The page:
Pd Effective Partnership Strategies D7


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Pd Effective Partnership Strategies D7

  1. 1. Effective Partnership Strategies to build Advocacy Capacity among Settlement Service Providers <ul><li>OCASI Conference </li></ul><ul><li>5 November 2009 </li></ul><ul><li>S. Gopi Krishna </li></ul><ul><li>on behalf of the City of Toronto’s Immigrant and Refugee Housing Committee (IRHC) </li></ul><ul><li>Scarborough Housing Help Centre </li></ul><ul><li>416-285 5410 </li></ul><ul><li>[email_address] </li></ul>
  2. 2. This workshop will explore <ul><li>What is a Coalition? </li></ul><ul><li>How are coalitions born? Who are Traditional Members of coalitions? </li></ul><ul><li>What challenges can a coalition face? </li></ul><ul><li>What is the advantage of recruiting non-traditional members? </li></ul>
  3. 3. A. Birth of a Coalition <ul><li>How is a coalition born? </li></ul><ul><li>What coalitions do? </li></ul><ul><li>What are the benefits of a coalition? </li></ul>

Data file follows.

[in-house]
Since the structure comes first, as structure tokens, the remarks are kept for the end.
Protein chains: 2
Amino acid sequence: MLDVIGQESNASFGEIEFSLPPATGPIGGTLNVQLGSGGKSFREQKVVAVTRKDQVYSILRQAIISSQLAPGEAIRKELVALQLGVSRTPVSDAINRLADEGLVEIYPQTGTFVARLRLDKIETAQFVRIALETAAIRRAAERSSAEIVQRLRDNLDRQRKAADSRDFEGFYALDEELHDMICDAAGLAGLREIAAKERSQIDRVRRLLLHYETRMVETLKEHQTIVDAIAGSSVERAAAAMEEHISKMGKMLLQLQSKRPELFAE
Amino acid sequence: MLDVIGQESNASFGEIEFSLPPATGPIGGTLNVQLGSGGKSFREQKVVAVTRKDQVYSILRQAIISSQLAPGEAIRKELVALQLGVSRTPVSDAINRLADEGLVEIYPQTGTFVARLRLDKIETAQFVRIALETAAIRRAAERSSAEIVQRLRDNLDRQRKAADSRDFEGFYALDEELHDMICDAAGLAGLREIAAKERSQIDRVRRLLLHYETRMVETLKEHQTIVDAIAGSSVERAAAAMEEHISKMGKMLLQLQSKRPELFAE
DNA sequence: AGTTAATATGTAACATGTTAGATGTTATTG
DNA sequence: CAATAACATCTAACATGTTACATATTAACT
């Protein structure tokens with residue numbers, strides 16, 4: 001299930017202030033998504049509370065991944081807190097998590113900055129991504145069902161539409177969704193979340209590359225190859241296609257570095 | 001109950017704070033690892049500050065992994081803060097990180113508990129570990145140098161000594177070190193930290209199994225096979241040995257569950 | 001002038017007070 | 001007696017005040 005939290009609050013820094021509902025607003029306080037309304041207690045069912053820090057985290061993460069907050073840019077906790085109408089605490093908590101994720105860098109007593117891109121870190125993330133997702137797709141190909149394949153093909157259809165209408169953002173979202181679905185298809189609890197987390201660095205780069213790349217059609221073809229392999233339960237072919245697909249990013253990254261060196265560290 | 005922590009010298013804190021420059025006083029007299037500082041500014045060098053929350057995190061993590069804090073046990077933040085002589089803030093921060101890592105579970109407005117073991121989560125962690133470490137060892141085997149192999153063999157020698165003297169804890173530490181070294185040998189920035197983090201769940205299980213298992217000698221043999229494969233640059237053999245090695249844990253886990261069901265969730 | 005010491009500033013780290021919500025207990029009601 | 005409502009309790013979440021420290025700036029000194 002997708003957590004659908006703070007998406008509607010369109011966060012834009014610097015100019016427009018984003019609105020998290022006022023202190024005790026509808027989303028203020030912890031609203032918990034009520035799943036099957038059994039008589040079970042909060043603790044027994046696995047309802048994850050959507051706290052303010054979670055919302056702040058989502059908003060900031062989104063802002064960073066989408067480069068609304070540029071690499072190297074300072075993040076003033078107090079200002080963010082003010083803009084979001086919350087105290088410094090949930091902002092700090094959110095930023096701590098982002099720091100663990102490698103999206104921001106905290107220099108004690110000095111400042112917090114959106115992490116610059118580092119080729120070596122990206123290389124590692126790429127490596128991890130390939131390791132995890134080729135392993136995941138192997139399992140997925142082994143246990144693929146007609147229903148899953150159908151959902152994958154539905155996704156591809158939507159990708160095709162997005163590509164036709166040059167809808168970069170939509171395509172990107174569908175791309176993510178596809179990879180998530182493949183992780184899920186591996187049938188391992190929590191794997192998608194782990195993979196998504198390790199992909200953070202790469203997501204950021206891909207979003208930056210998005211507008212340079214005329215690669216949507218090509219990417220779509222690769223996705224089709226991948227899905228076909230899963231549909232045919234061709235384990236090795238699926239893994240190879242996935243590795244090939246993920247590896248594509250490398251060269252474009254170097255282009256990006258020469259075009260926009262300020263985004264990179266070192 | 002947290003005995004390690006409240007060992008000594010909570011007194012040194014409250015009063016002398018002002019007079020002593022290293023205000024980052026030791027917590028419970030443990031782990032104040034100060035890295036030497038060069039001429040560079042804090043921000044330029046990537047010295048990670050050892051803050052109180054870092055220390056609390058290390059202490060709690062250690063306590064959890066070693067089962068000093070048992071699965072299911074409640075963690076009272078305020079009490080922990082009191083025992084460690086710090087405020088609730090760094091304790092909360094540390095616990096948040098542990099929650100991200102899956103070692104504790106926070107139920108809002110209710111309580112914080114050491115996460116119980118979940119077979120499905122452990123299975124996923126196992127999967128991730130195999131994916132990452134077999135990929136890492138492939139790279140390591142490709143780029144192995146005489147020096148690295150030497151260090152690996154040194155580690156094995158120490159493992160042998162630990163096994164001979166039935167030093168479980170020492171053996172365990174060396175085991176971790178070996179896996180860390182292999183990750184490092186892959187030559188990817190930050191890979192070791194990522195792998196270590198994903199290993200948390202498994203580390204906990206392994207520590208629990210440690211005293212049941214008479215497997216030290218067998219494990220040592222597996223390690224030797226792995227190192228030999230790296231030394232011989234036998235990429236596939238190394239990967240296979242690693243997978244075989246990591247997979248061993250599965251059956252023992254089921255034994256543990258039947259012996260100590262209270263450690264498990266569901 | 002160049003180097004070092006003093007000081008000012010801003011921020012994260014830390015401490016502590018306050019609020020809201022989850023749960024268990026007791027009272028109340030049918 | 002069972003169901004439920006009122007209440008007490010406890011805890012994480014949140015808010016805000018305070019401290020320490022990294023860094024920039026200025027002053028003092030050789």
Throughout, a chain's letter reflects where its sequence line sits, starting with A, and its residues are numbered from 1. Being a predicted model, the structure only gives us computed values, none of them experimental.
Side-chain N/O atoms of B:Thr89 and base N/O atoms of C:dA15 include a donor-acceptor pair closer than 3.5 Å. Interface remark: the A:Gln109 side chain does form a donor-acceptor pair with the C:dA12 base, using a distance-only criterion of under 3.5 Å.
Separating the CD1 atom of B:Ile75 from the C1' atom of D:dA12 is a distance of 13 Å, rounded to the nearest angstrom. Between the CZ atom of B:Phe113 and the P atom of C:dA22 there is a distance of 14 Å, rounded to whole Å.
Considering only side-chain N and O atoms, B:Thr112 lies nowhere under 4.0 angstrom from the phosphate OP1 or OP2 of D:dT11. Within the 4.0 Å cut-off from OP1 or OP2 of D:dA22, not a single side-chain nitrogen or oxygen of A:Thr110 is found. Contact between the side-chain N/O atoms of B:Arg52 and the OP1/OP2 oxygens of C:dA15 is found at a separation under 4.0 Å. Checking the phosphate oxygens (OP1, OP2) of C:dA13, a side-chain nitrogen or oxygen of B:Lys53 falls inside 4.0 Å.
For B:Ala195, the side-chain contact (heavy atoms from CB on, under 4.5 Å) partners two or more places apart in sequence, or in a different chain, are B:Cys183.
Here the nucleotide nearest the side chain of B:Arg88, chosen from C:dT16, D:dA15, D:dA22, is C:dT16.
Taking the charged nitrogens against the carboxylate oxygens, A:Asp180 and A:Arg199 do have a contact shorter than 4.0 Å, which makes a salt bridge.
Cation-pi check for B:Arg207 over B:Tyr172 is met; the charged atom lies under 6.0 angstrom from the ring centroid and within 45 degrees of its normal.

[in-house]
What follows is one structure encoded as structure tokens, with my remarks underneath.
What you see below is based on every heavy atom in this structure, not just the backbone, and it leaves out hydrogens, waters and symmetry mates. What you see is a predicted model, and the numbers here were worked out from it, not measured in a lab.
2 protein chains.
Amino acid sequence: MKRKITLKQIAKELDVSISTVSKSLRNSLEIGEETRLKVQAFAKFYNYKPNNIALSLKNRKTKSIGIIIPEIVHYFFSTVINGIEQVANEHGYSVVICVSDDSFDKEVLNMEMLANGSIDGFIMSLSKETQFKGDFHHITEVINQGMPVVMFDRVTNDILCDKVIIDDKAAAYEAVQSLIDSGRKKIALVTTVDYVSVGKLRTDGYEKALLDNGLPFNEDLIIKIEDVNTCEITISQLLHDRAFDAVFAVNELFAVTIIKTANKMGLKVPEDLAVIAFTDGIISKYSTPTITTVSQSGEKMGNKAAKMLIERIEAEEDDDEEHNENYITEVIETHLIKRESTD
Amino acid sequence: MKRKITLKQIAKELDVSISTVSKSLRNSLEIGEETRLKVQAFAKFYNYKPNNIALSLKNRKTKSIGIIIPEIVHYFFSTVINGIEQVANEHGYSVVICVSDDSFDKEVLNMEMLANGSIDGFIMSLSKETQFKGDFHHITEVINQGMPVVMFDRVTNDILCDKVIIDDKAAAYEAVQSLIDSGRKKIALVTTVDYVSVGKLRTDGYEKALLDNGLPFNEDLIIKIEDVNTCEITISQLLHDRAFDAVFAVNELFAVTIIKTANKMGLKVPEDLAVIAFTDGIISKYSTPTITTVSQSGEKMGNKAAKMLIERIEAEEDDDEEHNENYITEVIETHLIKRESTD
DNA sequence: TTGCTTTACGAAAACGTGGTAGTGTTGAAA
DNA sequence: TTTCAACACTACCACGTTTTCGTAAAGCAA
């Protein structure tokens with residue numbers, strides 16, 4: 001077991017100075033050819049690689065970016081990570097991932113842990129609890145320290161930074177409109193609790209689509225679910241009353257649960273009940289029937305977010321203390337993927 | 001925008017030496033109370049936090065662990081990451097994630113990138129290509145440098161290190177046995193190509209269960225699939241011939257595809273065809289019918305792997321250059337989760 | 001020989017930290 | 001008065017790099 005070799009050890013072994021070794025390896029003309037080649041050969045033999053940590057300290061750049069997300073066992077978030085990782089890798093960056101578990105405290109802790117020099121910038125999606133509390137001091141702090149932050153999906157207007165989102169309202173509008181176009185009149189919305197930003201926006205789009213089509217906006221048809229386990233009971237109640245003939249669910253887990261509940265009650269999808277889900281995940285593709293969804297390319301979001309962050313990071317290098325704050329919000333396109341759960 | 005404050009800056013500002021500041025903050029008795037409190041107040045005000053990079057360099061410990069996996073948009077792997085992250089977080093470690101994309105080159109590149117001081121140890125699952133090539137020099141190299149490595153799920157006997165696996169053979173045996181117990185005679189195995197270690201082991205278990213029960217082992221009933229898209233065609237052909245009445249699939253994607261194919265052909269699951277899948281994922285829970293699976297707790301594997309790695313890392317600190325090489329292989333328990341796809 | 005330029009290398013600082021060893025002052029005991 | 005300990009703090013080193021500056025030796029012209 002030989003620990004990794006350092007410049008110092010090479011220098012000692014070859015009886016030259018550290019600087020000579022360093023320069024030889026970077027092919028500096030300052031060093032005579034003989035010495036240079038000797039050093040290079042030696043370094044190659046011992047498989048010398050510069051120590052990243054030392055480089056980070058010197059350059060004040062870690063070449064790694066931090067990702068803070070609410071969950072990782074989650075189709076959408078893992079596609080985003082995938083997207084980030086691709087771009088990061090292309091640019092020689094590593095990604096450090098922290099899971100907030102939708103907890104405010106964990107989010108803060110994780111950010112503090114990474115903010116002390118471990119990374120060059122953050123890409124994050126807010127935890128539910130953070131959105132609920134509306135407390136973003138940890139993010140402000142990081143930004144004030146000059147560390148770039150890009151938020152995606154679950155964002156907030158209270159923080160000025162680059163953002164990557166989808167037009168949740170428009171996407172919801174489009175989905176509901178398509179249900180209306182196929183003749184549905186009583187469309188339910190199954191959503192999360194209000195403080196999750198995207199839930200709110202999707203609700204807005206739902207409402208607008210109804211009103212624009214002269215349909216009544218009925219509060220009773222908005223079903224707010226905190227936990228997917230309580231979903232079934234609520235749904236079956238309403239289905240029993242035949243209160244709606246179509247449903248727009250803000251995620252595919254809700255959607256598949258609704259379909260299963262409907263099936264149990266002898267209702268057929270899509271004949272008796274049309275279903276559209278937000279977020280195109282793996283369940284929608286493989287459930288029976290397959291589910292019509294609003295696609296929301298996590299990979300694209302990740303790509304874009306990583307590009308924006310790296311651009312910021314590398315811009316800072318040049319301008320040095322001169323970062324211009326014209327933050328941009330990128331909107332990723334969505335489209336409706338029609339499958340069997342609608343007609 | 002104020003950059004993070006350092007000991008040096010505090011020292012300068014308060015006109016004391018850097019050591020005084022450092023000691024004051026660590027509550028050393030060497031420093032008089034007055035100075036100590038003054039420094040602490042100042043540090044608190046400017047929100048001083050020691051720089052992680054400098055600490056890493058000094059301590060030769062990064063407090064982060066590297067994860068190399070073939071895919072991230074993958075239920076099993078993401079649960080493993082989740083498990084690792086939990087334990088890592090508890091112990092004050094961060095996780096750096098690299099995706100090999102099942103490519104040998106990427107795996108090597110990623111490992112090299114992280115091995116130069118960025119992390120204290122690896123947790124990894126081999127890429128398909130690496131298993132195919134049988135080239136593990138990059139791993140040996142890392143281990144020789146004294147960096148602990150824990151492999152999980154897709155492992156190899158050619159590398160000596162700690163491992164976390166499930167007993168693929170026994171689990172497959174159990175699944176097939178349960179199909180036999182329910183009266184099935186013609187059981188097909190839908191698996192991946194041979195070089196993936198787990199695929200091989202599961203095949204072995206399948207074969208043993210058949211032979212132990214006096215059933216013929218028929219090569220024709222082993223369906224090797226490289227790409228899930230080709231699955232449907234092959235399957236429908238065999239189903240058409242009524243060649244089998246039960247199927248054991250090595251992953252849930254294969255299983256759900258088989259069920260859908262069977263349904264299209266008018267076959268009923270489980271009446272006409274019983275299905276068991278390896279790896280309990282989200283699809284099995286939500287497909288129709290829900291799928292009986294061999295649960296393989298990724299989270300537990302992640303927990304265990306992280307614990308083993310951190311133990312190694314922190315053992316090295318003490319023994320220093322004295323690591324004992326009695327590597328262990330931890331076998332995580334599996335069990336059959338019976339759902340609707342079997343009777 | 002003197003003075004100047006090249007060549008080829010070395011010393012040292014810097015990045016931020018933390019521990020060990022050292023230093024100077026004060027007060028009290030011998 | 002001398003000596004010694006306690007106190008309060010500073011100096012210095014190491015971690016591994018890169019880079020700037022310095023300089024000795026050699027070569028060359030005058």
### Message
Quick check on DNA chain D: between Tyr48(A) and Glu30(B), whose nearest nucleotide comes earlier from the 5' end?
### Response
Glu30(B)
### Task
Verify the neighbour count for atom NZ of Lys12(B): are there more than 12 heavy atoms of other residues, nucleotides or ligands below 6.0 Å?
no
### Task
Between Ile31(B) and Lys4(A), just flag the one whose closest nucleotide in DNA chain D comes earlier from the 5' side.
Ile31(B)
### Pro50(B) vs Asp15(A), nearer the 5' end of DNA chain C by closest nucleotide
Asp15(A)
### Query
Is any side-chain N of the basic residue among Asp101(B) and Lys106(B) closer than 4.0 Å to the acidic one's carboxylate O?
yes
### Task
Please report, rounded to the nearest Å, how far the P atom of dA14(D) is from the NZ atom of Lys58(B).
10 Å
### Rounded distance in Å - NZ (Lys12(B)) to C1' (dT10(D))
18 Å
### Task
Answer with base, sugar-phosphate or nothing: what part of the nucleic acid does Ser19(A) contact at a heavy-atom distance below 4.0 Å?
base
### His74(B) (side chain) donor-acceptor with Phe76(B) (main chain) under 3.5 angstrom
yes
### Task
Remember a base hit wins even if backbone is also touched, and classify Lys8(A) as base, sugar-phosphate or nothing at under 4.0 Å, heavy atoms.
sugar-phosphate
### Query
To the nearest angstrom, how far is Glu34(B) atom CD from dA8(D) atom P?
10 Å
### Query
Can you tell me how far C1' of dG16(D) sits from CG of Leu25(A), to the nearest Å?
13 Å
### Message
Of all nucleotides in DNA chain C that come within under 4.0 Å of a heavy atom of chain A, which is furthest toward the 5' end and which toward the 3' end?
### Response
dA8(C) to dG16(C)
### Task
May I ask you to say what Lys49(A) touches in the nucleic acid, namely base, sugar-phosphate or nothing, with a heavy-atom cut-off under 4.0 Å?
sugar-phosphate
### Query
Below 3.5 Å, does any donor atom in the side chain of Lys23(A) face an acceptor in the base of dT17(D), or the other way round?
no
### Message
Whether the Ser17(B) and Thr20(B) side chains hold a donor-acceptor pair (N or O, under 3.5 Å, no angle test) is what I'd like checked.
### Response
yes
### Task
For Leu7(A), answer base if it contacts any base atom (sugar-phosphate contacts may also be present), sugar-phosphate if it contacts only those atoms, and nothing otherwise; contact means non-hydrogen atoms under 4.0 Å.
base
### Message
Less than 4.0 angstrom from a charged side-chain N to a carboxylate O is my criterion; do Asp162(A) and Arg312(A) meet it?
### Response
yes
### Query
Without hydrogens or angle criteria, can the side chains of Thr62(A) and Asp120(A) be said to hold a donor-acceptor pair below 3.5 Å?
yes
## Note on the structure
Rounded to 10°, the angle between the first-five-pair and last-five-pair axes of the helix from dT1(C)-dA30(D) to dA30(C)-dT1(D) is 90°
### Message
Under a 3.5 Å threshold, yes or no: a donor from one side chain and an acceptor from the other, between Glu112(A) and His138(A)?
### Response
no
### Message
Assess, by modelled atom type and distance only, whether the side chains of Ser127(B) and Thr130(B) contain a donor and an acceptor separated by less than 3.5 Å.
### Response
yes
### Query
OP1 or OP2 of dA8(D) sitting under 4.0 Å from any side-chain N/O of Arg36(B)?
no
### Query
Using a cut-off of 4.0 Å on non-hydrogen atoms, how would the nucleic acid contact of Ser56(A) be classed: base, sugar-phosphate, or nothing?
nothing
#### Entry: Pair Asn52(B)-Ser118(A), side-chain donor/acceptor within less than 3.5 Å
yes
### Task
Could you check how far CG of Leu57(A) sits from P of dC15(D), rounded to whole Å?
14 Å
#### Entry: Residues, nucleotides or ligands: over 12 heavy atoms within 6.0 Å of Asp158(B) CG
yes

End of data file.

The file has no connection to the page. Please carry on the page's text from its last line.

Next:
4. 4. What is a Coalition? <ul><li>An alliance of people, factions, parties, or nations </li></ul><ul><li>from Latin coalēscere “ to grow together ” </li></ul><ul><li>a mutually beneficial and well defined relationship by people and organizations to achieve common goals </li></ul>
  5. 5. How are coalitions born? <ul><li>Response to immediate situation- usually a crisis of some kind e.g. HRSDC funding crisis of 2003 </li></ul><ul><li>A group of organizations/individuals looking to increase their influence in decision making e.g. Ontario Medical Association </li></ul><ul><li>Decision makers initiate consultations to get community feed-back and buy-in e.g. Ontario Early Years Centre tables </li></ul>